Saturday, December 17, 2016
Sydney Bridge Upside Down by David Ballantyne
There was an old man who lived on the edge of the world and he had a horse called Sydney Bridge Upside Down. He was a scar-faced old man and his horse was a slow-moving bag of bones, and I start with this man and his horse because they were there for all the terrible happenings up the coast that summer, always somewhere around.
So begins Sydney Bridge Upside Down, a New Zealand classic. When the book opens, there are two boys playing near a cliff. Neighbors in a tiny hamlet that used to be a bustling village, the boys argue and then wrestle and one goes over the cliff. You don't find out for quite a while that the one who went off the cliff was uninjured. Now and then, he'll bring it up and nobody is particularly interested. That is a vague hint at the oddities to come.
It's summer and the boys are out of school. Robert, the narrator and one of the boys, spends much of his time doing chores for his one-legged father, playing with his brother and best friend. They climb on the remains of a former slaughterhouse, play on the shore and in a nearby cave, and run around the house naked. Sometimes, Robert thinks about his absent mother and the teacher, both of whom have gone into the city. When an older female cousin comes for a visit, the boys are dazzled by her beauty and puzzled by her behavior. Robert feels like he must protect her from the older men who show interest in her.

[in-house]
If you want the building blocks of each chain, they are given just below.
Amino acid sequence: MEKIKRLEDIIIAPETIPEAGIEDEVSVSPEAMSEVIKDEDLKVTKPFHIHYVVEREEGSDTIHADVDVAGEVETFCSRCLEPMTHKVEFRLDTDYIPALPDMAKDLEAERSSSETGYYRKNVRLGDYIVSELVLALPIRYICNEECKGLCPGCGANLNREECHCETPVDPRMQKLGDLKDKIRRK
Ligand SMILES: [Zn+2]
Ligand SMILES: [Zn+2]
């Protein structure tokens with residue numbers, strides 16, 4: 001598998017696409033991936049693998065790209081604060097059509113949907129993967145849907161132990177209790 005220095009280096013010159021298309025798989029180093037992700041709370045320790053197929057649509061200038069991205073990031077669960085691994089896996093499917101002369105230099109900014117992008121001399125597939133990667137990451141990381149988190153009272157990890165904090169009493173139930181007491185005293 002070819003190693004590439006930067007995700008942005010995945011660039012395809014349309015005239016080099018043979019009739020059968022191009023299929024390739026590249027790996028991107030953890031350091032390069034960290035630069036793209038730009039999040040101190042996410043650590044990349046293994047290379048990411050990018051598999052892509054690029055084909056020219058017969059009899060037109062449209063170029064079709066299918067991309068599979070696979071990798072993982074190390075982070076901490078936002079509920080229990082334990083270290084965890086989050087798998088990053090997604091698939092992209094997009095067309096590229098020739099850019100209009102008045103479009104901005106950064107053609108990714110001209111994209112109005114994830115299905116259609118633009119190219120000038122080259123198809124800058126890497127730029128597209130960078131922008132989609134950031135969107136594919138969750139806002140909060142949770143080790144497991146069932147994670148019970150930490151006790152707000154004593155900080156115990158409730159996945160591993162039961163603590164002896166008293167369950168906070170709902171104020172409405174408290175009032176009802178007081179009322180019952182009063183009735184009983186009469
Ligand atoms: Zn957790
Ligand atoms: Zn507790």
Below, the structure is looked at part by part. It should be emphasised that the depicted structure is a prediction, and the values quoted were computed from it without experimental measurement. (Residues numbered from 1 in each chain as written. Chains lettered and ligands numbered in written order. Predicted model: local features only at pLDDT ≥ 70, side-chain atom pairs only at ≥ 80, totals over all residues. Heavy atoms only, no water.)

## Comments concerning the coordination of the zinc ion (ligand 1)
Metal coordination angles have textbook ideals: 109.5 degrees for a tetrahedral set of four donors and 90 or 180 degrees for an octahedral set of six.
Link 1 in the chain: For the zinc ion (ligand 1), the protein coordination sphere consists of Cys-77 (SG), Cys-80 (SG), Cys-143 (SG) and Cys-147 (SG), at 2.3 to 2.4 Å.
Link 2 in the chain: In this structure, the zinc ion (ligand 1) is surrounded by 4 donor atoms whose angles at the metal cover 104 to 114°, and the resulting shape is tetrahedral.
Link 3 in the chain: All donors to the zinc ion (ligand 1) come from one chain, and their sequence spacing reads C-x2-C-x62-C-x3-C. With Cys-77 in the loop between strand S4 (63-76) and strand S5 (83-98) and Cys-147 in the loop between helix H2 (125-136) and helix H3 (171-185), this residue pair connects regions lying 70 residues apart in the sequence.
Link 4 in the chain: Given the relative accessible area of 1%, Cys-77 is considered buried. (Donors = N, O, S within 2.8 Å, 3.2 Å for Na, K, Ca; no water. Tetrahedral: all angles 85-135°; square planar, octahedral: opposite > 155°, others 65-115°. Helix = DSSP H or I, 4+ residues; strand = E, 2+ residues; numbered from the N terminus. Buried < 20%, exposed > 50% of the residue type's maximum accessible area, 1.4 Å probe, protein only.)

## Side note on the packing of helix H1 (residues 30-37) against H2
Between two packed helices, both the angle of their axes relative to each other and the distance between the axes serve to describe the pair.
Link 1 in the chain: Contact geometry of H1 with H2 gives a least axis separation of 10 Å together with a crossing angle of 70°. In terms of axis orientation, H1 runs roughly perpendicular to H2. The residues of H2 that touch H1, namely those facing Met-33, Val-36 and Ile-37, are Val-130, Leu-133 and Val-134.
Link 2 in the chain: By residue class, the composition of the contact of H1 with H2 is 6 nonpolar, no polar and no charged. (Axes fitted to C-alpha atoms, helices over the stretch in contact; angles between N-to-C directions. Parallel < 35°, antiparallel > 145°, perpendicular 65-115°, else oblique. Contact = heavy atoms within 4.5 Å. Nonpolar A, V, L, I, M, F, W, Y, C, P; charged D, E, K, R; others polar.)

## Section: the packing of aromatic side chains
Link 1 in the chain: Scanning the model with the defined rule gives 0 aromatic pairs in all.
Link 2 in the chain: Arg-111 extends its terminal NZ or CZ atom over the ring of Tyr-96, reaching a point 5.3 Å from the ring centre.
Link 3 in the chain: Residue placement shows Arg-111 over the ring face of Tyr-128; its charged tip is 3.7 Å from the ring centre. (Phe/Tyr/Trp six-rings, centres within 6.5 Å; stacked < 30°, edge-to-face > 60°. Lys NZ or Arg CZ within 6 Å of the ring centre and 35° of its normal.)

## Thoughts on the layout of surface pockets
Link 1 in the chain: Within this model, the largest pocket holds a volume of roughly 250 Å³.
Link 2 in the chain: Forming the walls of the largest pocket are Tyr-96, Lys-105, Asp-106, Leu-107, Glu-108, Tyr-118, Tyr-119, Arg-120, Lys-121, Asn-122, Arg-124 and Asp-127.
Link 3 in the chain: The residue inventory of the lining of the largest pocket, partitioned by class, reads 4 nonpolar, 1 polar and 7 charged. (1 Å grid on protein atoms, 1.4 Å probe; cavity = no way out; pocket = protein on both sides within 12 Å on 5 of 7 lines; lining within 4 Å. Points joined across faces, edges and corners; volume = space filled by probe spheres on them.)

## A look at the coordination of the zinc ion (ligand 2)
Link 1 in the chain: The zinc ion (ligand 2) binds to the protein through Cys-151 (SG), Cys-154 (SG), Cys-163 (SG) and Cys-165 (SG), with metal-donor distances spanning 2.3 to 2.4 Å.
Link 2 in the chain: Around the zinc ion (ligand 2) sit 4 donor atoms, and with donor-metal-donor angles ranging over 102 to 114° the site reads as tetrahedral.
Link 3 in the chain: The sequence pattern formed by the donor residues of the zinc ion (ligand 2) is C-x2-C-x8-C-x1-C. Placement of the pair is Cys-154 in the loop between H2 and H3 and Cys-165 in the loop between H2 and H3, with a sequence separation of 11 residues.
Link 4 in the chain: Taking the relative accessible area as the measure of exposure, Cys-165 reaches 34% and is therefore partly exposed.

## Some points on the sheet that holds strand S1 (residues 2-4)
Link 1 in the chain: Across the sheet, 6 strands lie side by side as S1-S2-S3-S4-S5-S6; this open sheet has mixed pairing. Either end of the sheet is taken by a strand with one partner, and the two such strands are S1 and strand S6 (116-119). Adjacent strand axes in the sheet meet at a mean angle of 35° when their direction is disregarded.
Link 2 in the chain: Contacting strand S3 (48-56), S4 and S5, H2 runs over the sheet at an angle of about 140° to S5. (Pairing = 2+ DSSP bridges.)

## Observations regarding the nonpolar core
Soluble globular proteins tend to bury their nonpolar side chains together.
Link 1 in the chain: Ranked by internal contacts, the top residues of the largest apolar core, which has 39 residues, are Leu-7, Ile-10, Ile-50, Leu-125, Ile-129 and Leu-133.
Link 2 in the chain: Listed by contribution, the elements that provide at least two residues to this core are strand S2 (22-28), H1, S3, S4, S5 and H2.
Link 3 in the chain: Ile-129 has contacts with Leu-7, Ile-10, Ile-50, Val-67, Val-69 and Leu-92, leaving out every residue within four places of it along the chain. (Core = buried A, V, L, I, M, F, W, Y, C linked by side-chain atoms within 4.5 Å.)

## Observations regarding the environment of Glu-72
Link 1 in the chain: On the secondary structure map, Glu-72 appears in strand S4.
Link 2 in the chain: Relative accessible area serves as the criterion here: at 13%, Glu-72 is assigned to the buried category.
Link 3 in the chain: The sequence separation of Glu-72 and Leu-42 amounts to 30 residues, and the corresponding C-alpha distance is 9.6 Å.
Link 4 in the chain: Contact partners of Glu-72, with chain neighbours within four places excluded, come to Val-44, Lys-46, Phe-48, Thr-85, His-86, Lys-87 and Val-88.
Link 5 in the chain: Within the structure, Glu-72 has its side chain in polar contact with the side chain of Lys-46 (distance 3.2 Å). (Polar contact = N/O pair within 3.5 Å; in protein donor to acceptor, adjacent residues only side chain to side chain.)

Sydney Bridge Upside Down seems very much like a "boys being boys" type of book, a snapshot of one summer in their lives, at first. But, then the first death occurs and the book takes a sinister turn. You know who saw the person alive, last, but was the death an accident? If not, it's clear who is responsible. And, then there's a second death under similar circumstances. This time, a strange dream-like sequence bleeds with guilt.
Recommended - Sydney Bridge Upside Down is very dark. What at first appears to be the story of three innocent young boys having fun takes an odd turn when the beautiful cousin shows up and becomes ominous when the first person dies. From there on, it becomes a bit of a horror, but one so carefully crafted that you aren't entirely certain if your suspicions are true. In the end, all is revealed. While I'm not a huge fan of novels that fall on the darker end of the spectrum, it was obvious why Sydney Bridge Upside Down is a classic, from the beginning. There's an authenticity to the writing that is impressive. Truly a fascinating tale. I love the author's miminalist style; he does an exceptional job of telling you just enough to keep the story intriguing.
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